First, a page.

Mine disasters in W.Va., Turkey tied to corporate negligence

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SHEPHERDSTOWN, W.Va. - Two mineworkers were killed late Monday after being trapped in a collapse in a coal mine in Wharton, W.Va., operated by the Patriot Coal Company.  A spokeswoman for the U.S. Mine Safety and Health Administration, Amy Louviere, said in an email to the New York Times that the Brody No. 1 mine had a "ground failure." That is a term that federal safety experts say indicates that a mine roof lacked the support needed to prevent it from caving in. Eric D. Legg, 48, of Twilight, W.Va., and Gary P. Hensley, 46, of Chapmanville, W.Va., died in the incident, which occurred at approximately 8:47 p.m.

The West Virginia Office of Miners' Health, Safety and Training confirmed that a fatal incident had occurred Monday night at the Patriot Coal  Brody No. 1 Mine in Boone County, south of Charleston, the state capital.

No additional injuries have been reported, and no miners were reported trapped. The killed miners' bodies have been recovered. Federal and state mine safety inspectors are conducting an investigation at the site. Preliminary indications are that the incident resulted from a coal outburst. An outburst is the sudden and violent ejection of coal, gas and rock from a coal face and surrounding strata in an underground coal mine. Preliminary reports from emergency medical technicians at the site indicate the mine's two side walls caved in.

The company said in an email that the two miners who died "were conducting retreat mining operations, in which pillars of coal supporting the roof are removed." Retreat operations are usually performed in mines whose coal deposits are largely played out.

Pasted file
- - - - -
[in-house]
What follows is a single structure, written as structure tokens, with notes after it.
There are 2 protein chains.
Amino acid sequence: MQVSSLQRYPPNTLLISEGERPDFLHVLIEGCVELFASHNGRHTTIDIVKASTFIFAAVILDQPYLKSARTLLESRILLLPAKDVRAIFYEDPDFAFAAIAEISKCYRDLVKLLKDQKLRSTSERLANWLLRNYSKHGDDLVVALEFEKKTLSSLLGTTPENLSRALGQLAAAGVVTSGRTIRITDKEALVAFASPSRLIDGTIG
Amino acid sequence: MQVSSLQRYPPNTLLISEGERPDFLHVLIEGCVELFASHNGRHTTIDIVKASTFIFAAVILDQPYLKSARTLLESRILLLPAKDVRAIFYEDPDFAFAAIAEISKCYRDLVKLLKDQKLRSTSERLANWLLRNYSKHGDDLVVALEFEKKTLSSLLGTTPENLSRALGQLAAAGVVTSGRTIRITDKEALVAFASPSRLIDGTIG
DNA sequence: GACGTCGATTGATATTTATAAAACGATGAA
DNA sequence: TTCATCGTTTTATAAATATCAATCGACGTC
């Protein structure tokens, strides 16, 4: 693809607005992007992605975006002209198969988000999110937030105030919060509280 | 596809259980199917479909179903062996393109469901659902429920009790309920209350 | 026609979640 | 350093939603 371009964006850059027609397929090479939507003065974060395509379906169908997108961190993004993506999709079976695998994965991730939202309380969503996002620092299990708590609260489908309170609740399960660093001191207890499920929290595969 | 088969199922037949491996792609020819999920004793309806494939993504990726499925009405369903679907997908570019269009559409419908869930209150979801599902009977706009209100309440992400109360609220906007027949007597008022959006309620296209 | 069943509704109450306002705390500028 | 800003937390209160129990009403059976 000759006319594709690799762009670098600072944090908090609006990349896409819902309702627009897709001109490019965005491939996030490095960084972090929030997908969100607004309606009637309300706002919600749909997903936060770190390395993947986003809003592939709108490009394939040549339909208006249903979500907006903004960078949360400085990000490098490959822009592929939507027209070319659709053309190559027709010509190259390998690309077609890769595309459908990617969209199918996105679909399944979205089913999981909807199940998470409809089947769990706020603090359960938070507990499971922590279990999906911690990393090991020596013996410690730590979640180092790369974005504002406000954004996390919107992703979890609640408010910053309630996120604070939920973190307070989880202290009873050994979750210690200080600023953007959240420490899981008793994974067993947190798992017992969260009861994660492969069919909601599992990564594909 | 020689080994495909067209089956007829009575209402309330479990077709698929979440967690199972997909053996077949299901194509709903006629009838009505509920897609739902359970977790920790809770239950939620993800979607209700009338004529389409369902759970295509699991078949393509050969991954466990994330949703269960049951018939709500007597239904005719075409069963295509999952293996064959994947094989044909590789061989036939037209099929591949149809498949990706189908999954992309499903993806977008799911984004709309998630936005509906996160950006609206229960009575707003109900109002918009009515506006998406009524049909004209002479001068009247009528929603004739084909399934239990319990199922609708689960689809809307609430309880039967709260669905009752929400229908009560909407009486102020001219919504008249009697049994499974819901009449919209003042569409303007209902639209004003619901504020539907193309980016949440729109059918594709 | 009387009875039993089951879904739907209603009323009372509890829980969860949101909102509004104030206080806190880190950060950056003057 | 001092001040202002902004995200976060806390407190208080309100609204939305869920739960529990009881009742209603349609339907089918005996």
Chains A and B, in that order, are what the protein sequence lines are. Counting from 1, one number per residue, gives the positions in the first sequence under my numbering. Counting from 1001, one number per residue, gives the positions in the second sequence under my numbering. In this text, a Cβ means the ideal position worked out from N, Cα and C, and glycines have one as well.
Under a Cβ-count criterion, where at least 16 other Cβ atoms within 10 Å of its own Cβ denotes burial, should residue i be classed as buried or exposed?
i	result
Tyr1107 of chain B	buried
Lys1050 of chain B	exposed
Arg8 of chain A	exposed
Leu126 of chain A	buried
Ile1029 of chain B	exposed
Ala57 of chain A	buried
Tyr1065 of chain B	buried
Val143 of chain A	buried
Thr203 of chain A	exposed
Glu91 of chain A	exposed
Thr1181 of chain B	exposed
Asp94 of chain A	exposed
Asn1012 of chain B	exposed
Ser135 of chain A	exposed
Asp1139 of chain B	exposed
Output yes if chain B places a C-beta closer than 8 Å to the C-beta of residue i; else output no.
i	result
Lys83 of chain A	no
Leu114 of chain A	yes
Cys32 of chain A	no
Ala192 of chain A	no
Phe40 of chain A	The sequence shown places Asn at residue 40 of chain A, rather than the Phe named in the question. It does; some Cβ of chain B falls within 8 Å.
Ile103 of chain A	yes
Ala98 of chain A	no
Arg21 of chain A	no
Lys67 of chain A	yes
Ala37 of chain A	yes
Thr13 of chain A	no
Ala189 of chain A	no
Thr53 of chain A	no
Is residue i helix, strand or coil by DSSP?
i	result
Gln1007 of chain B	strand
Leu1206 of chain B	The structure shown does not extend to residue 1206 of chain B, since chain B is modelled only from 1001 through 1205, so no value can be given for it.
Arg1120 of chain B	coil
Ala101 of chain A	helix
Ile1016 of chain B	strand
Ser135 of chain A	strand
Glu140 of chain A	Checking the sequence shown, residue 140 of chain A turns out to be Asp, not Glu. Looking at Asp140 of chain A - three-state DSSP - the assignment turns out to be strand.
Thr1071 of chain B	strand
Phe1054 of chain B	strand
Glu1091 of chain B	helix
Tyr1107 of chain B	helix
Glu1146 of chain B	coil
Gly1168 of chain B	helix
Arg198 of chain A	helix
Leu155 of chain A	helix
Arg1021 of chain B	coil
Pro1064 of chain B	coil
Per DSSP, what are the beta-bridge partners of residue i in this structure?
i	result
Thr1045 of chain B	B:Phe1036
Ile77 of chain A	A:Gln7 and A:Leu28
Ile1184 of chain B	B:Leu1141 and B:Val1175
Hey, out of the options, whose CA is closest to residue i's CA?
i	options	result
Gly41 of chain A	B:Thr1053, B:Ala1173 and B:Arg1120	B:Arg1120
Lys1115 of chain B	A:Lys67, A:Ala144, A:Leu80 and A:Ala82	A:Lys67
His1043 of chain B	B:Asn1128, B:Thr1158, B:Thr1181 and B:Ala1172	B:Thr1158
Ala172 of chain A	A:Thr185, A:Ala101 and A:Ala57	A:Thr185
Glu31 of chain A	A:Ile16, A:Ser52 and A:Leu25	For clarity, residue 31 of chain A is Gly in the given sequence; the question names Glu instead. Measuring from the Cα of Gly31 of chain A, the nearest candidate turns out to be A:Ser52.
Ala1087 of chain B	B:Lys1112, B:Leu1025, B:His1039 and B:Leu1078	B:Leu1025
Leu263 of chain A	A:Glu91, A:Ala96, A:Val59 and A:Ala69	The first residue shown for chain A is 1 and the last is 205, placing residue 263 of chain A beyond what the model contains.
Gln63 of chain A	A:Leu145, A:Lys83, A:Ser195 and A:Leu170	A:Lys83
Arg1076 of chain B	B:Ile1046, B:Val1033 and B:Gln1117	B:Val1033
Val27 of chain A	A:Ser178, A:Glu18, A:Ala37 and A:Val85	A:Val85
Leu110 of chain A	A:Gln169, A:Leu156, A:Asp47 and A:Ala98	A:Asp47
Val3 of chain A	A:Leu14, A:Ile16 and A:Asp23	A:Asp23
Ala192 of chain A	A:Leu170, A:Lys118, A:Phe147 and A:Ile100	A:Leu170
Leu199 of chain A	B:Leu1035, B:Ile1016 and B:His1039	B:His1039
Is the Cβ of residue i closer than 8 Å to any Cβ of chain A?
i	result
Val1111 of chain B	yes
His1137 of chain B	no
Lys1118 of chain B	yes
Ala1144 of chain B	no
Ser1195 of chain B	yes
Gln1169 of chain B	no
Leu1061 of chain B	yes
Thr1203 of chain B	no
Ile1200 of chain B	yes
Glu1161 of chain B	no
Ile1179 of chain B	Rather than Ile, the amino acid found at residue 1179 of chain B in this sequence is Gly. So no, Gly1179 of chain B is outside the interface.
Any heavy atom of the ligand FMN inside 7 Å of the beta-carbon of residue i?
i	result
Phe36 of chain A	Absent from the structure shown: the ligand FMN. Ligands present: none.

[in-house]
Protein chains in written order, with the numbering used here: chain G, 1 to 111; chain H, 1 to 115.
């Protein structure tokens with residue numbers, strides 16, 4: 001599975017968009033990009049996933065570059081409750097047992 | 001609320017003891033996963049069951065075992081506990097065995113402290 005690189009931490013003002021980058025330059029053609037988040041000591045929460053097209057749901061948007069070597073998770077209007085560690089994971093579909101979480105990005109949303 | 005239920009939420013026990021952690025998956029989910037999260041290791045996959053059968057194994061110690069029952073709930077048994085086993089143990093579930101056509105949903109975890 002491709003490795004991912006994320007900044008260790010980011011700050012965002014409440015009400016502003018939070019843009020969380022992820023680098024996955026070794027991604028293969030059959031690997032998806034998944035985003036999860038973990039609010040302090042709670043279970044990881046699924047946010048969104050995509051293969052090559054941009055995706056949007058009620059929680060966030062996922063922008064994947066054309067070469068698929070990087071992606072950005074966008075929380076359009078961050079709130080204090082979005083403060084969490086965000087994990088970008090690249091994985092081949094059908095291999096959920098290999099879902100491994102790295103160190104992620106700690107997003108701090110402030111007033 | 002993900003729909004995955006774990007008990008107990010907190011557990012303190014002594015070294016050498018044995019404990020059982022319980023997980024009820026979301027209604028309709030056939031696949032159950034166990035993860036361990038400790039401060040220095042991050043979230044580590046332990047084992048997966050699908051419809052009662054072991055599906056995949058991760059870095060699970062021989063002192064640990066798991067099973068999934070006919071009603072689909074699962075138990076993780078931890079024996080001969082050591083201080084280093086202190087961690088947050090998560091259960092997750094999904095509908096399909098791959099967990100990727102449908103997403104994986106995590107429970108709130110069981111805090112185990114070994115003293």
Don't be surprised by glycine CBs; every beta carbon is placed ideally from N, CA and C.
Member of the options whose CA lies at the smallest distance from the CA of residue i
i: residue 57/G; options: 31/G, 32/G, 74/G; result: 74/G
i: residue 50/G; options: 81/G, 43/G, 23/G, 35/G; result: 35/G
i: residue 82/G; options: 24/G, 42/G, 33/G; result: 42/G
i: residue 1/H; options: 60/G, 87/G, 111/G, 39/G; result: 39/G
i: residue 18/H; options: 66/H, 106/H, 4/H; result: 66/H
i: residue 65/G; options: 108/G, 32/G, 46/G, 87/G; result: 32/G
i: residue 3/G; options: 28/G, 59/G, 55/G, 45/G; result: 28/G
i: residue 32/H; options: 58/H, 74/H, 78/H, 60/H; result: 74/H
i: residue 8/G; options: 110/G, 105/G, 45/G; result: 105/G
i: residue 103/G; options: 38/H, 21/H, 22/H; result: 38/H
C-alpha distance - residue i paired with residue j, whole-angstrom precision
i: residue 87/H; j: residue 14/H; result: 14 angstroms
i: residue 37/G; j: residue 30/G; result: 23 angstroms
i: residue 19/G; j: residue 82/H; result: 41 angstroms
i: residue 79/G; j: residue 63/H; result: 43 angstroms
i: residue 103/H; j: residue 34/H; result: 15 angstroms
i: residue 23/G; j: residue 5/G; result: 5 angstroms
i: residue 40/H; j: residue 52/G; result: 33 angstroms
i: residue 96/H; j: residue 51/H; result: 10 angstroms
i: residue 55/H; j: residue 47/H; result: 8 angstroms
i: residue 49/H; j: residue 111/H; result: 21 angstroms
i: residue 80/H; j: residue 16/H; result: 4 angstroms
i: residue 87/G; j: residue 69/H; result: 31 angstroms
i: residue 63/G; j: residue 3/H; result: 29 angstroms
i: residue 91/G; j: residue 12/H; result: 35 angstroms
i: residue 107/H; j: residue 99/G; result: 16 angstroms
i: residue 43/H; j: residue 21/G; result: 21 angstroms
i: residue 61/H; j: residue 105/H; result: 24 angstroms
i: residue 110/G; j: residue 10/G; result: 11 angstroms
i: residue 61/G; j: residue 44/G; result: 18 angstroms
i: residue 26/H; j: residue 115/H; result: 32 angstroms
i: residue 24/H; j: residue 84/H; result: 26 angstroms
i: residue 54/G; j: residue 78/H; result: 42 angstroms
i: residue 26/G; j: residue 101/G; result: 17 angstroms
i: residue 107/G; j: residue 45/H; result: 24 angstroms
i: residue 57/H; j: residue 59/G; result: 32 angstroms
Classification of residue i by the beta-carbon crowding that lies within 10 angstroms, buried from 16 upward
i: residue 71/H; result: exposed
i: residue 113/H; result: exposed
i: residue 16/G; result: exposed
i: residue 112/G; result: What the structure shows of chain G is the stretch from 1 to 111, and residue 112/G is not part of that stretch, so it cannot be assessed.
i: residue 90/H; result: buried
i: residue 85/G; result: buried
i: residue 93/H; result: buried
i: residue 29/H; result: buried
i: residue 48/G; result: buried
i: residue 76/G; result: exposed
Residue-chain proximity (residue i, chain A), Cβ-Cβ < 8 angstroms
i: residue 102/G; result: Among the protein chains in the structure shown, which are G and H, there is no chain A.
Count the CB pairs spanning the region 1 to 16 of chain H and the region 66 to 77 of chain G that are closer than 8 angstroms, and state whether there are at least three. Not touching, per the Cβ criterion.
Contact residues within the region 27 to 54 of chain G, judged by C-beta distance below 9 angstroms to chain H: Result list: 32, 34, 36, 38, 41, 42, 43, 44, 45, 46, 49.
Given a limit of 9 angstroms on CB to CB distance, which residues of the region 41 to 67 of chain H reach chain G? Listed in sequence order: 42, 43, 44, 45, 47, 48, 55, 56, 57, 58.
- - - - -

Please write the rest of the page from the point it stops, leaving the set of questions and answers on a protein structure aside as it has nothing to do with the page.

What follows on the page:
United Mine Workers of America Communications Director Phil Smith expressed heartfelt condolences and sympathy for the miners and their families but withheld further comment on the fatal incident until more is known. The mine is non-union.

St. Louis-based Patriot Coal Corp. has been the subject of a lengthy and bitter conflict over miners' pensions and health care. In a notorious scam, not uncommon in the coal industry,  the company, in league with a bankruptcy judge, attempted to  spin off all its valuable assets into a new company and escape its obligations to thousands of workers by wrapping a bankruptcy chain around them and, by a legal maneuver, throwing them on the scrap heap. UMWA President Cecil Roberts has personally suffered arrest numerous times in protest against this action by Patriot.

The New York Times reports that the Brody mine has a history of federal citations for safety violations, according to inspection reports on the safety and health administration website dating to January 2011. Federal officials notified Patriot in October that the mine exhibited "repeated violations of mandatory health or safety standards." Forty-six citations, including 16 in 2013 and 2014, were for unwarrantable failure to comply with safety rules, which the agency defines as "aggravated conduct constituting more than ordinary negligence." In the 12 months that ended Aug. 31, 2012, the mine was cited for more than 250 significant and substantial violations, meaning that they were reasonably likely to cause a serious injury.